•  Its shoots are also an excellent source of vitamin-K. 100 grams carry about 35% of DRI. Vitamin-K has potential role bone health by promoting bone formation activity. Adequate vitamin-K levels in the diet help limiting neuronal damage in the brain; thus, has established a role in the treatment of patients with Alzheimer’s disease.
  •  Asparagus is an excellent source of minerals, especially copper and iron. Also, it has small amounts of some other essential minerals and electrolytes such as calcium, potassium, manganese, and phosphorus. Potassium is an important component of cell and body fluids that helps controlling heart rate and blood pressure by countering effects of sodium. Manganese used by the body as a co-factor for the antioxidant enzyme, superoxide dismutase. Copper required in the production of red blood cells. Iron is essential for cellular respiration and red blood cell formation.
  •  And finally, another health benefit – asparagus is also supposedly great for your sex-life. For centuries it has been regarded as a powerful aphrodisiac. Aside from its phallic shape, asparagus stirs up desire in both men and women 💕. This is due to the large amounts of vitamin E present which stimulates the production of sex hormones.

Now when we know how healthy asparagus is, I want to add some interesting facts to it (and you can read more about it here https://www.thelocal.de/20140509/10-things-you-didnt-know-about-asparagus :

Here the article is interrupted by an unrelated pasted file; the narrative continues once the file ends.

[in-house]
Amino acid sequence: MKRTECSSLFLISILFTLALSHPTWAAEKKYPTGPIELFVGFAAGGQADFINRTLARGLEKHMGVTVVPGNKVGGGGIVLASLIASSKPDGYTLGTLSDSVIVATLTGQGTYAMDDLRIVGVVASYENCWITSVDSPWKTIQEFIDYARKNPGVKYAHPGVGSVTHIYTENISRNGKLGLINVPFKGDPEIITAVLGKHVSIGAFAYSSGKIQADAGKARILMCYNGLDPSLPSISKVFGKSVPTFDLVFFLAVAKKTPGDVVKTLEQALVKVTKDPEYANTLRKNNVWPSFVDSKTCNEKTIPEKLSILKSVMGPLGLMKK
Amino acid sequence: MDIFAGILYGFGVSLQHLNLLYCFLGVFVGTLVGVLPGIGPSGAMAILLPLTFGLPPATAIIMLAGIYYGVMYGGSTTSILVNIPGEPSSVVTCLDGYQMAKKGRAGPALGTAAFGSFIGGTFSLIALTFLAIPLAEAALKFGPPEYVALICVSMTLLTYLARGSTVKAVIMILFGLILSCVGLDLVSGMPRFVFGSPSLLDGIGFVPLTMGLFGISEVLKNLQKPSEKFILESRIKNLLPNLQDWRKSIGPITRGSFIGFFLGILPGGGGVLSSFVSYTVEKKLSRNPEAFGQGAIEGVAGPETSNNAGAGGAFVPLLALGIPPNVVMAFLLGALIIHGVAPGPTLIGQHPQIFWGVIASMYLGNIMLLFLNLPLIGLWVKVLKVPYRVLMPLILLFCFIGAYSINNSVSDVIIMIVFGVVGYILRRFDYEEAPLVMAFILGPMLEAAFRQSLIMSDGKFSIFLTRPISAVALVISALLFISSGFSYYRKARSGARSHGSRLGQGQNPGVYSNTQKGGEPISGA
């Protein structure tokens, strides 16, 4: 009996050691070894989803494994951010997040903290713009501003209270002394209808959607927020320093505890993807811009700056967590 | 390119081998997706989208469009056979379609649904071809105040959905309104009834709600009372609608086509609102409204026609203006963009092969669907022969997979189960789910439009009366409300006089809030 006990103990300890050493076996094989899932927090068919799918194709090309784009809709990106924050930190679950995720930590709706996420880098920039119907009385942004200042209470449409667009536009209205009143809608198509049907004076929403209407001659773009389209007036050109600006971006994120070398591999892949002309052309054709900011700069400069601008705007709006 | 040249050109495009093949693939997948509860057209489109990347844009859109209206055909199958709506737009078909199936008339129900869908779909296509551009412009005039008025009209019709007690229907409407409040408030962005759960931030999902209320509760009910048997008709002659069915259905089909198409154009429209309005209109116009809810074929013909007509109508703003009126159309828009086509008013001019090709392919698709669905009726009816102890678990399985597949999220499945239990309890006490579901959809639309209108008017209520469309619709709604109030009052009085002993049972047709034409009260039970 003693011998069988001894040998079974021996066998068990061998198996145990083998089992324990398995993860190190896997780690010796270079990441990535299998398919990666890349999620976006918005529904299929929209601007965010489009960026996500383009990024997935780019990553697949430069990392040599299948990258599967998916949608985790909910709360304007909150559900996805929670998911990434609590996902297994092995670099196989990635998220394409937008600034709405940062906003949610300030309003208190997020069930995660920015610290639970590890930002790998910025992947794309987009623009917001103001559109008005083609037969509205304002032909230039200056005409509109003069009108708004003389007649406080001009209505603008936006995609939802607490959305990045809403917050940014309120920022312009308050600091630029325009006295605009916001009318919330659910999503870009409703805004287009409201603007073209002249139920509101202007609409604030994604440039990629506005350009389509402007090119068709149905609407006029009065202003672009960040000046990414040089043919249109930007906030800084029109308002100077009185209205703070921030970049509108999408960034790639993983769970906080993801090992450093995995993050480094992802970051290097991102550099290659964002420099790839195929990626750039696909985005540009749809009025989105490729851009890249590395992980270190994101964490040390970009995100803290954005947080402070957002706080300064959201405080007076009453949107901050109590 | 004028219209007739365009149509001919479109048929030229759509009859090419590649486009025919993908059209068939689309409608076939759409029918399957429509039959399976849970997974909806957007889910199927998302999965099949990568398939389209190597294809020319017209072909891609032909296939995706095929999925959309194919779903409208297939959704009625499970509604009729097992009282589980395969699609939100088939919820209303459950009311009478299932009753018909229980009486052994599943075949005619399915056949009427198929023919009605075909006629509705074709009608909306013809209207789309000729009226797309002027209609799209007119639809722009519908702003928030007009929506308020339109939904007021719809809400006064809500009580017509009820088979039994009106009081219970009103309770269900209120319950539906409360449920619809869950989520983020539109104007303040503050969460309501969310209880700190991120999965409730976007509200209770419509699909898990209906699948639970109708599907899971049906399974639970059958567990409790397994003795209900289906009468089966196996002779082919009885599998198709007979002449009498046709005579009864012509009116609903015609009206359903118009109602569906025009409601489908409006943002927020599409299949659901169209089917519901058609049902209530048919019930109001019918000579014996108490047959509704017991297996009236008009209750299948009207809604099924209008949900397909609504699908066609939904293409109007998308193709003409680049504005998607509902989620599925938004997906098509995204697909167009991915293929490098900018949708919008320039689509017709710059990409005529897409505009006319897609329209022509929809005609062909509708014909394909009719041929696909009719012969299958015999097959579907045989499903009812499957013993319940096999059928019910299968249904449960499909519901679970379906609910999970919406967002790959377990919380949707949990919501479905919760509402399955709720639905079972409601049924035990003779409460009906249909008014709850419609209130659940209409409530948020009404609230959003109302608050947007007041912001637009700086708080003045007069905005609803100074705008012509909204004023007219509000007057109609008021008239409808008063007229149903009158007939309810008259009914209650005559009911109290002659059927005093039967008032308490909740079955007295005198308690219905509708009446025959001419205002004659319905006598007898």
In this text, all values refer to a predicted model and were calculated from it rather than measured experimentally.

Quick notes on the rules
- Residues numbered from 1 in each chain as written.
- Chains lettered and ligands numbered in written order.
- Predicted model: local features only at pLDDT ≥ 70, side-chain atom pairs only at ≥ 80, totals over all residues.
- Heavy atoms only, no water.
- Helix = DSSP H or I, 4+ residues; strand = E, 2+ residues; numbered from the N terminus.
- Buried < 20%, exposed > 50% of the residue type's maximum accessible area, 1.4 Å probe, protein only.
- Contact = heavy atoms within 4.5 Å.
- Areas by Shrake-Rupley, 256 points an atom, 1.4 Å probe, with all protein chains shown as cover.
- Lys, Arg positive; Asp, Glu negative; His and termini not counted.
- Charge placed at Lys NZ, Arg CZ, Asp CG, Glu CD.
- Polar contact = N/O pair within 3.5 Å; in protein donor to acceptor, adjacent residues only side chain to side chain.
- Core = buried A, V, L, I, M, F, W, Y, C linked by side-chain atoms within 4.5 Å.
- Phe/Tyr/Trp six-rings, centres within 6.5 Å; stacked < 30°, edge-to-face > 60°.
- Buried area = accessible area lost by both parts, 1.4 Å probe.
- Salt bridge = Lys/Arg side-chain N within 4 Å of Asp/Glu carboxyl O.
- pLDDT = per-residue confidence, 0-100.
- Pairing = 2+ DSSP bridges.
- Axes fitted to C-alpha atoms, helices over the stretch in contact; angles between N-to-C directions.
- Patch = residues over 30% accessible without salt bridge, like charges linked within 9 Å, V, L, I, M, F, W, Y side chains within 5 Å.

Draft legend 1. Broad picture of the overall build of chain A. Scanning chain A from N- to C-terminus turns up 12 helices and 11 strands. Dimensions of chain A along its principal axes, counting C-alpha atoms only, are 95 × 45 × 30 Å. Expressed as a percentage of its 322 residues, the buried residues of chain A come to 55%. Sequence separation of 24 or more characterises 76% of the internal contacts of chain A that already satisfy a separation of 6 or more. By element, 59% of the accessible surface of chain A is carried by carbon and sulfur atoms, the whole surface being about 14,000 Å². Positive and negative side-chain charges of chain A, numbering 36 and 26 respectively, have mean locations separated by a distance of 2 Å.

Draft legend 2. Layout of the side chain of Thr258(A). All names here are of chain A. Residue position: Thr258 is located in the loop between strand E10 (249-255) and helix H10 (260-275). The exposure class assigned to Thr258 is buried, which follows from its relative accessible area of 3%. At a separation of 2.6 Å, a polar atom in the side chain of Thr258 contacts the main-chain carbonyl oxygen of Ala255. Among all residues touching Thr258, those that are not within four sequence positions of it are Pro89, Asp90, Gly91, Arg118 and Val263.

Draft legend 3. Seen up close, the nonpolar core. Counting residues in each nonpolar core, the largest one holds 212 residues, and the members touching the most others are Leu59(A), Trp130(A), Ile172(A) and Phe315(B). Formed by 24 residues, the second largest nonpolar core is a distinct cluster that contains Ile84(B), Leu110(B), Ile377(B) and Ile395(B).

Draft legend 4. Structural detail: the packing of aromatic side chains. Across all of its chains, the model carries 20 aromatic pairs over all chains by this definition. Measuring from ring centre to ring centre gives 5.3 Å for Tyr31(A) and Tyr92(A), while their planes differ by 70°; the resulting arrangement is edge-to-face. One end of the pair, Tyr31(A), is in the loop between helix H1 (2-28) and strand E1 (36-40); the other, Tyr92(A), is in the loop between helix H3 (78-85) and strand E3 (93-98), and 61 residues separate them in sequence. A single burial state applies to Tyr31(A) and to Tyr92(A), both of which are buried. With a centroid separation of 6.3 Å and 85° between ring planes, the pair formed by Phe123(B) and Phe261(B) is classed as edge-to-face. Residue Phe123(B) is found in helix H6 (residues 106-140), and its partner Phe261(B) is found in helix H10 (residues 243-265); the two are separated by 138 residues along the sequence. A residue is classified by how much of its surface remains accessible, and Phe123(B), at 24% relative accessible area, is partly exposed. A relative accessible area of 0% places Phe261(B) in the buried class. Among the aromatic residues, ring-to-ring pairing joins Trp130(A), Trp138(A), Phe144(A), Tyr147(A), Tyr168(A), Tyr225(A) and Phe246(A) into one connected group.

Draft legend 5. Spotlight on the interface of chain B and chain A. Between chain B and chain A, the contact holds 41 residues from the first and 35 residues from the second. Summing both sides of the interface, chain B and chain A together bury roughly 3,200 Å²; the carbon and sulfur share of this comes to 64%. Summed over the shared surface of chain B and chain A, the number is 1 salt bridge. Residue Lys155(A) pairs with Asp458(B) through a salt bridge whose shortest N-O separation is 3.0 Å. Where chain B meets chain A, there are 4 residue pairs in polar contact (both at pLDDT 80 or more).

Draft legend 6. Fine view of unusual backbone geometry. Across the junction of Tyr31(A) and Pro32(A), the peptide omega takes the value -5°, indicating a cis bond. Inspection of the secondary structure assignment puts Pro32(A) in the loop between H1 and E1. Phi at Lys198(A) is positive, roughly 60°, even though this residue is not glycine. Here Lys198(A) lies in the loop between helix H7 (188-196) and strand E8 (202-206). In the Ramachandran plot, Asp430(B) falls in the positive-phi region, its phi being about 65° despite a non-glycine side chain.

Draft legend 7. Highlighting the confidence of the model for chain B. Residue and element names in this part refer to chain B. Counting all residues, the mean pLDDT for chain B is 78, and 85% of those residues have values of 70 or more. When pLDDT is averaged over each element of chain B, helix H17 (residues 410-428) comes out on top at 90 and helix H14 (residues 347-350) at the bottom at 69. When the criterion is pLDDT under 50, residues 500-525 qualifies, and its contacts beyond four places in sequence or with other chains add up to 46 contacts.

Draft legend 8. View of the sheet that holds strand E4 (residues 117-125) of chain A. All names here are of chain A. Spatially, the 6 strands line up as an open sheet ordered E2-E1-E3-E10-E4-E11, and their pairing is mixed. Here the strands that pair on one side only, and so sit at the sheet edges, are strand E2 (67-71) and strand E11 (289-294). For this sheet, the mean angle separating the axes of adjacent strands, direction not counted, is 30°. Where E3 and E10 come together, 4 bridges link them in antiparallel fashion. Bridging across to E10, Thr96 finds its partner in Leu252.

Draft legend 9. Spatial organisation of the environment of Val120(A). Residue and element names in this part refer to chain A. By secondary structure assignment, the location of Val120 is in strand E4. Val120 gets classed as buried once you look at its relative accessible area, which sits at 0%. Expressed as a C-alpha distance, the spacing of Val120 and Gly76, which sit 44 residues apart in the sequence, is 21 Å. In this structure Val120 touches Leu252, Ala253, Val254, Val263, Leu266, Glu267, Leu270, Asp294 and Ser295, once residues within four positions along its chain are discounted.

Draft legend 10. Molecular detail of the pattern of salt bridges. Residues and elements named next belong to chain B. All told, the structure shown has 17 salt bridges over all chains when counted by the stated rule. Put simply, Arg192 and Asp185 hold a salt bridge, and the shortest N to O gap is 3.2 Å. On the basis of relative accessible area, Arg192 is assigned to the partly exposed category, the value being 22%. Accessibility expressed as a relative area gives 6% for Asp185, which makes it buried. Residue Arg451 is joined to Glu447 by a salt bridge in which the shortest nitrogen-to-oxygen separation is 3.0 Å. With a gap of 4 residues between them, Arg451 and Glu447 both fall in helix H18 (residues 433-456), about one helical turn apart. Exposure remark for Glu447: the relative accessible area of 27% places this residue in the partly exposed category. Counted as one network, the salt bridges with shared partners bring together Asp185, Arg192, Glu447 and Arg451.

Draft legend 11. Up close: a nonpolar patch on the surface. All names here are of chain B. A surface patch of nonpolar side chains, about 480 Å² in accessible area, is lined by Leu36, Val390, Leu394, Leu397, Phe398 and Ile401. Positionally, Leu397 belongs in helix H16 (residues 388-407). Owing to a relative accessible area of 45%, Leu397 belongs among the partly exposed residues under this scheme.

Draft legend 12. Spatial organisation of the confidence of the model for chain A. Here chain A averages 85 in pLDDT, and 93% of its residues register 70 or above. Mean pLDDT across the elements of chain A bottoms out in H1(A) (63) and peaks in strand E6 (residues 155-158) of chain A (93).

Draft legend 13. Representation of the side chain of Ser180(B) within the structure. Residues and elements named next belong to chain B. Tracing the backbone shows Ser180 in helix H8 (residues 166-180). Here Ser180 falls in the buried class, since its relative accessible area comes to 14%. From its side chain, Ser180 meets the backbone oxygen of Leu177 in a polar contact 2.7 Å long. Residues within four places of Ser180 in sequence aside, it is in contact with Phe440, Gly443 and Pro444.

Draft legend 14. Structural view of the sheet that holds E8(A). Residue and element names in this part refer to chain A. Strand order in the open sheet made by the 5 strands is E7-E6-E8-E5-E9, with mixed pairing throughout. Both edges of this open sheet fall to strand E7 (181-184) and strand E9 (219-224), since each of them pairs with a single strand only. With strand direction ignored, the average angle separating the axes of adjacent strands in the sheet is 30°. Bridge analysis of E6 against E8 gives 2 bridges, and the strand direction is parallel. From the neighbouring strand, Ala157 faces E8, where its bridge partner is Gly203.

•  First of all, the reason why I mentioned my DNA test is that it told me that I have a gene that makes me smell “asparagus pee” (and I can indeed). So fact #1 is everyone makes “asparagus pee,” but not everyone can smell it. Scientific study has confirmed why some individuals don’t notice the uniquely pungent urine experienced by others after eating asparagus: The sulfurous compounds in asparagus pee are highly correlated with a condition called “specific anosmia,” the genetic inability to smell certain odors.
  • Apparently eating asparagus, before and after drinking alcohol can have beneficial effects 🍷. If you’re planning a night out on the tiles, eating the vegetable before you start drinking could help protect your liver. The minerals and amino acids it contains not only protect the liver from toxins, the enzymes in asparagus can help break down the alcohol and alleviate hangovers. (OH MY GOD, isn’t it a miracle?!😵)
  • White asparagus is in fact the same as green asparagus, but grown underground. German farmers plant their asparagus under mounds of soil called hillings. Deprived of sunlight which prevents the development of chlorophyll (the green pigment in plants), the spears stay white. No magic or genetic modifications! Just hard work of farmers.
  • Asparagus was considered as food of the kings for a long time and not everyone was able to eat it. Appreciate it.